A bell went off in Lustig’s head. He decided that he would be the one to sell the rights to tear down the tower. First, he had a counterfeiter create official government stationary and personally “appointed” himself to the official position of Deputy Director General of the Ministère de Postes et Télégraphes. Then, letters were sent on the official letterhead to five different scrap iron dealers. The letters were purposely vague and simply invited them to his hotel suite to discuss a possible government contract.
After entertaining these men for a bit at the hotel, Lustig made the surprise announcement that the government was indeed scrapping the Eiffel Tower. He noted that the tower had been built in 1889 and was never intended to be a permanent structure. He was careful to stress that this was a very controversial decision on the government’s part, so the men had to keep quiet regarding the tower’s demise or risk public outcry.
Four days later, all of the dealers submitted their bids. But, Lustig really didn’t care who offered the highest bid, only who was the best mark. The Count had already chosen a man named André Poisson as the lucky victim. Lustig informed Poisson that he was the winner, but hinted that there was still a bit of a problem. He described the life of a public servant, one in which they were expected to dress and entertain on a lavish scale, yet were paid a small pittance. Poisson quickly realized that Lustig was asking for a bribe and reached in his pocket and peeled off a few large bills from his pocket to secure the deal. Lustig took the bribe and gladly accepted Poisson’s rather handsome offer for the tower.
After the scheme was complete, Lustig and Dapper Dan quickly drove off to the haven of Austria. They made no attempt to hide themselves and lived the life of luxury at Poisson’s expense. Each day, Lustig checked the Paris newspapers for news of the rip-off. But it was to never happen. Lustig concluded that Poisson was too embarrassed for falling into Lustig’s trap and had decided to eat his loss. Lustig knew he was in the clear and headed back to Paris and pulled the same exact scam with five different scrap iron dealers.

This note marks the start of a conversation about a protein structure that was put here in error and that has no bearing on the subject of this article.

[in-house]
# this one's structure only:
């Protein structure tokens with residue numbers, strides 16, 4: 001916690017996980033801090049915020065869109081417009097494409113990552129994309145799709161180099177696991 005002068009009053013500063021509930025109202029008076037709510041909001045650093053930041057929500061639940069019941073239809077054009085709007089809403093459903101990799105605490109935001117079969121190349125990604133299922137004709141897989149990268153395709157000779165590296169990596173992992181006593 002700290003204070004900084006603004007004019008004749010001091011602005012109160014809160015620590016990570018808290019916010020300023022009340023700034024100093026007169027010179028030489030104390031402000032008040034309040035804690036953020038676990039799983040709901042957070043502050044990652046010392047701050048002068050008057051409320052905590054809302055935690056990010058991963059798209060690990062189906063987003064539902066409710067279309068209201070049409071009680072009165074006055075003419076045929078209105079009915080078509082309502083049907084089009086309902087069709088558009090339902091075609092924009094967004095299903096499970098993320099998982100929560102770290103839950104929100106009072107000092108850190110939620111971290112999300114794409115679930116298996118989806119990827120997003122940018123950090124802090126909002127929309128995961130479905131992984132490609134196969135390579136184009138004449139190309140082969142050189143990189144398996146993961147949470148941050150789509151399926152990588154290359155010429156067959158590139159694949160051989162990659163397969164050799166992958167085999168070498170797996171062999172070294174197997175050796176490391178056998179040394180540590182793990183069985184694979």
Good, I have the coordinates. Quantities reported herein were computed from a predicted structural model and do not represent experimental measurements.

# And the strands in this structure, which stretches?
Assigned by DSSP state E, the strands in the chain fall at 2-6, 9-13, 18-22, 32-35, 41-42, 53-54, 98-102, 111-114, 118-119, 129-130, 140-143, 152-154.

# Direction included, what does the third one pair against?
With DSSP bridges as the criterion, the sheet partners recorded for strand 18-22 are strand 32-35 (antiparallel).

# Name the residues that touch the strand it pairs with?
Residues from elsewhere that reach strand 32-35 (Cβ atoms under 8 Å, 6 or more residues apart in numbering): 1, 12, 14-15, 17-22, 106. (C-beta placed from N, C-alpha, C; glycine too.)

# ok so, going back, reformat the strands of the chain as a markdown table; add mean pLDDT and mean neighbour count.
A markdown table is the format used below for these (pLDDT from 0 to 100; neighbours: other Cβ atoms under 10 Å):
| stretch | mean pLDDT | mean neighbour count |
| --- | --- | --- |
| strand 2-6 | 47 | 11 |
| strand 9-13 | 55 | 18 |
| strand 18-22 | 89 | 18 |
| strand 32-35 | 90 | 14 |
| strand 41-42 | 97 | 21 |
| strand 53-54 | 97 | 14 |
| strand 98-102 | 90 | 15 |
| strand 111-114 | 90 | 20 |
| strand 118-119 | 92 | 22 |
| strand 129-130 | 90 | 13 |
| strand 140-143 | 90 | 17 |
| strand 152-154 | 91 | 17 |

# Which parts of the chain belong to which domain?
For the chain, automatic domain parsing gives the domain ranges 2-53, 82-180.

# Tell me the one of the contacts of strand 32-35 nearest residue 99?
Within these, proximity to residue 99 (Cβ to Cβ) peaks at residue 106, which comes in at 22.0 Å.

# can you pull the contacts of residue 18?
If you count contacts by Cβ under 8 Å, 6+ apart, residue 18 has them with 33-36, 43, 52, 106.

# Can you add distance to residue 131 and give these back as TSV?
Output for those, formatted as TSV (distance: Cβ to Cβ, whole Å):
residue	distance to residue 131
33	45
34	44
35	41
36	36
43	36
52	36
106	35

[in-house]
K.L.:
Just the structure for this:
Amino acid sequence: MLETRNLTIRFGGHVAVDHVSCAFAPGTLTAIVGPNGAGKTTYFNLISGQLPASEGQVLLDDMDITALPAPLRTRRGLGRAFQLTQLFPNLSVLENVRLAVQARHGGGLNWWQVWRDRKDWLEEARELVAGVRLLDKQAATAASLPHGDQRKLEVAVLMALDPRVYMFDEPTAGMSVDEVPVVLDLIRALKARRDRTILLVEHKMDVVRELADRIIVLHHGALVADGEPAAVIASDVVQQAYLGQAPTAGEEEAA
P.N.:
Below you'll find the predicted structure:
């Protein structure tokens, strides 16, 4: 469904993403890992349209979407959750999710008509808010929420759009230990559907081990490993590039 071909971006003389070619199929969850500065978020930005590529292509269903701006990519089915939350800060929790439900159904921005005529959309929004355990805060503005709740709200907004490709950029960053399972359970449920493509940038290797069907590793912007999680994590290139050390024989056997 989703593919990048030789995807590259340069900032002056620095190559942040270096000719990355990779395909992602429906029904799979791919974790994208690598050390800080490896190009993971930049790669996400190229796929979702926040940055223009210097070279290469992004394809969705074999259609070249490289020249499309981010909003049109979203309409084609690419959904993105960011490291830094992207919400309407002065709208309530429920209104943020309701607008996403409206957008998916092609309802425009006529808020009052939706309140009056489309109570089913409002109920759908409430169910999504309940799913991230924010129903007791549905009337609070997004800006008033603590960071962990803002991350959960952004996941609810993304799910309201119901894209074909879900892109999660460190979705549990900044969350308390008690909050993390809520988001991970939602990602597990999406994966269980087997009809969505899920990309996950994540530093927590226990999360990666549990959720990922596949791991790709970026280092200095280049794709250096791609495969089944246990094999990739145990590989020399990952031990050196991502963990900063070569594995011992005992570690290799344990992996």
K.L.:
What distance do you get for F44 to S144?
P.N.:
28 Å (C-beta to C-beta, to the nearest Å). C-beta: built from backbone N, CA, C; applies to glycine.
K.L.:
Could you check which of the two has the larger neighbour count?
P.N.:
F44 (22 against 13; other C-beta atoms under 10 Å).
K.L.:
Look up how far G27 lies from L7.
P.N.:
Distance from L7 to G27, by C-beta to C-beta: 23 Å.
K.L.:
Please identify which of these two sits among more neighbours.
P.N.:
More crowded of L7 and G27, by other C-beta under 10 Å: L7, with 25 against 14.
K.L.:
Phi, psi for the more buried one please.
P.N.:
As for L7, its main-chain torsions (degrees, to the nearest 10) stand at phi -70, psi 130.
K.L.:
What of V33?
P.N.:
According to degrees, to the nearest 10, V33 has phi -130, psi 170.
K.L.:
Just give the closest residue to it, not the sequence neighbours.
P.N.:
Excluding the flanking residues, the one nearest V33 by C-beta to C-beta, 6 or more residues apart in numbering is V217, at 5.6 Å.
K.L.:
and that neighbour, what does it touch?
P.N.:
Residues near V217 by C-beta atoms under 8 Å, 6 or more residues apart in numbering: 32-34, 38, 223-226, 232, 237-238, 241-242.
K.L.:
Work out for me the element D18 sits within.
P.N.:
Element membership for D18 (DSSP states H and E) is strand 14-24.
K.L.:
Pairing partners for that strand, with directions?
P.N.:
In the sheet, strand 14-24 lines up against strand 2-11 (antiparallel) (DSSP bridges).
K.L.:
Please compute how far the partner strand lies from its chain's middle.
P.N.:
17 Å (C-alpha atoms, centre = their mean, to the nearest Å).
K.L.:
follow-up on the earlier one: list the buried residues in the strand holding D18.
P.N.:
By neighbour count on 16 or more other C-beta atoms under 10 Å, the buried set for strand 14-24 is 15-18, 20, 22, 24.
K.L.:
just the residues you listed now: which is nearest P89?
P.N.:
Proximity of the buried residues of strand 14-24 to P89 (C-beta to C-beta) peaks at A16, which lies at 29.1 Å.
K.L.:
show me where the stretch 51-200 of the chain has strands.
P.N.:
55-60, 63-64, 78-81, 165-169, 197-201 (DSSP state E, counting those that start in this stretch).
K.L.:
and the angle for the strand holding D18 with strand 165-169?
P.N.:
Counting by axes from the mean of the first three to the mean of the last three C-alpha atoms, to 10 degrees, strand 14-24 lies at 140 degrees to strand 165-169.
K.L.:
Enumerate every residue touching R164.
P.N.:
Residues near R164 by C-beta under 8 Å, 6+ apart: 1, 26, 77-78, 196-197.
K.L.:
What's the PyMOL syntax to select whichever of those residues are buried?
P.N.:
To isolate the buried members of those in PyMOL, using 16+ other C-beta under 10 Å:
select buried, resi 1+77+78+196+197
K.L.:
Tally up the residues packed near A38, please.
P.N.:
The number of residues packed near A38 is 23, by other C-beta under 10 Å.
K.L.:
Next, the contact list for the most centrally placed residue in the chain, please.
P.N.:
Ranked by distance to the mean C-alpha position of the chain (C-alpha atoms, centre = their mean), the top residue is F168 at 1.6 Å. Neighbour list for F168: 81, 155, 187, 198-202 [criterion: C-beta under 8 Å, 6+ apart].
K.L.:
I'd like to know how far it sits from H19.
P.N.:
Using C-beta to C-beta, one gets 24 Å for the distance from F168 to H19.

Yes, you read it right. Lustig sold the Eiffel Tower a second time! But Lustig wasn’t as lucky this time. His mark went to the police and the story exploded in the press. Lustig was forced to leave Europe and head back to the United States. There would be no third sale of the tower.
Cons #4 and 5
Lustig is well known for one other interesting con. Lustig did not originate the idea, but he perfected it. Known as the Rumanian Box, Lustig had a cabinetmaker in New York City make a handsome mahogany box on an as need basis. Each box measured approximately 12 inches square with a narrow slot cut in either end. One side of the box featured a series of highly polished brass knobs and dials.
In 1926, Lustig headed for Palm Beach, Florida and spotted a man named Herman Loller. Loller had earned his fortune making transmission flywheels for the automobile industry, but his business had started to decline as the big car manufacturers forced the little guys out. Loller was looking for a quick way to sustain his fortune and he stepped right into Lustig’s trap.
The Count did his usual royalty-to-poverty routine and hinted that he had come up with a great way to get rich. Of course, Loller was now hooked and inquired as to how Lustig did it. Lustig then pulled out his mahogany box and said that it was a money-duplicating machine. Lustig assured him that this was not counterfeiting and that all banks would accept them.
Lustig inserted a $1,000 bill in one end and piece of high-rag-content white paper in the other. He then turned the cranks and knobs and both the bill and paper were sucked in. Lustig explained that the bill had to soak in the secret chemical bath for exactly six hours for all of the images to transfer properly. Exactly, six hours later, the two men returned and Lustig turned the knobs to have the box spit out two identical bills. Lustig had Loller take both bills to a local bank and it was confirmed that they were both real. And they were real. Lustig had previously concealed a second bill in the box with the serial numbers carefully altered so that they matched.
Loller paid the Count $25,000 (about $240,000 in today’s money) for the machine, which was supposedly the only one in existence (yeah, right!). Lustig figured that he had exactly six hours to get out of town before his scam was unfolded, but when Loller failed to produce a bill on the first try, he kept trying for weeks on the assumption that he was doing wrong.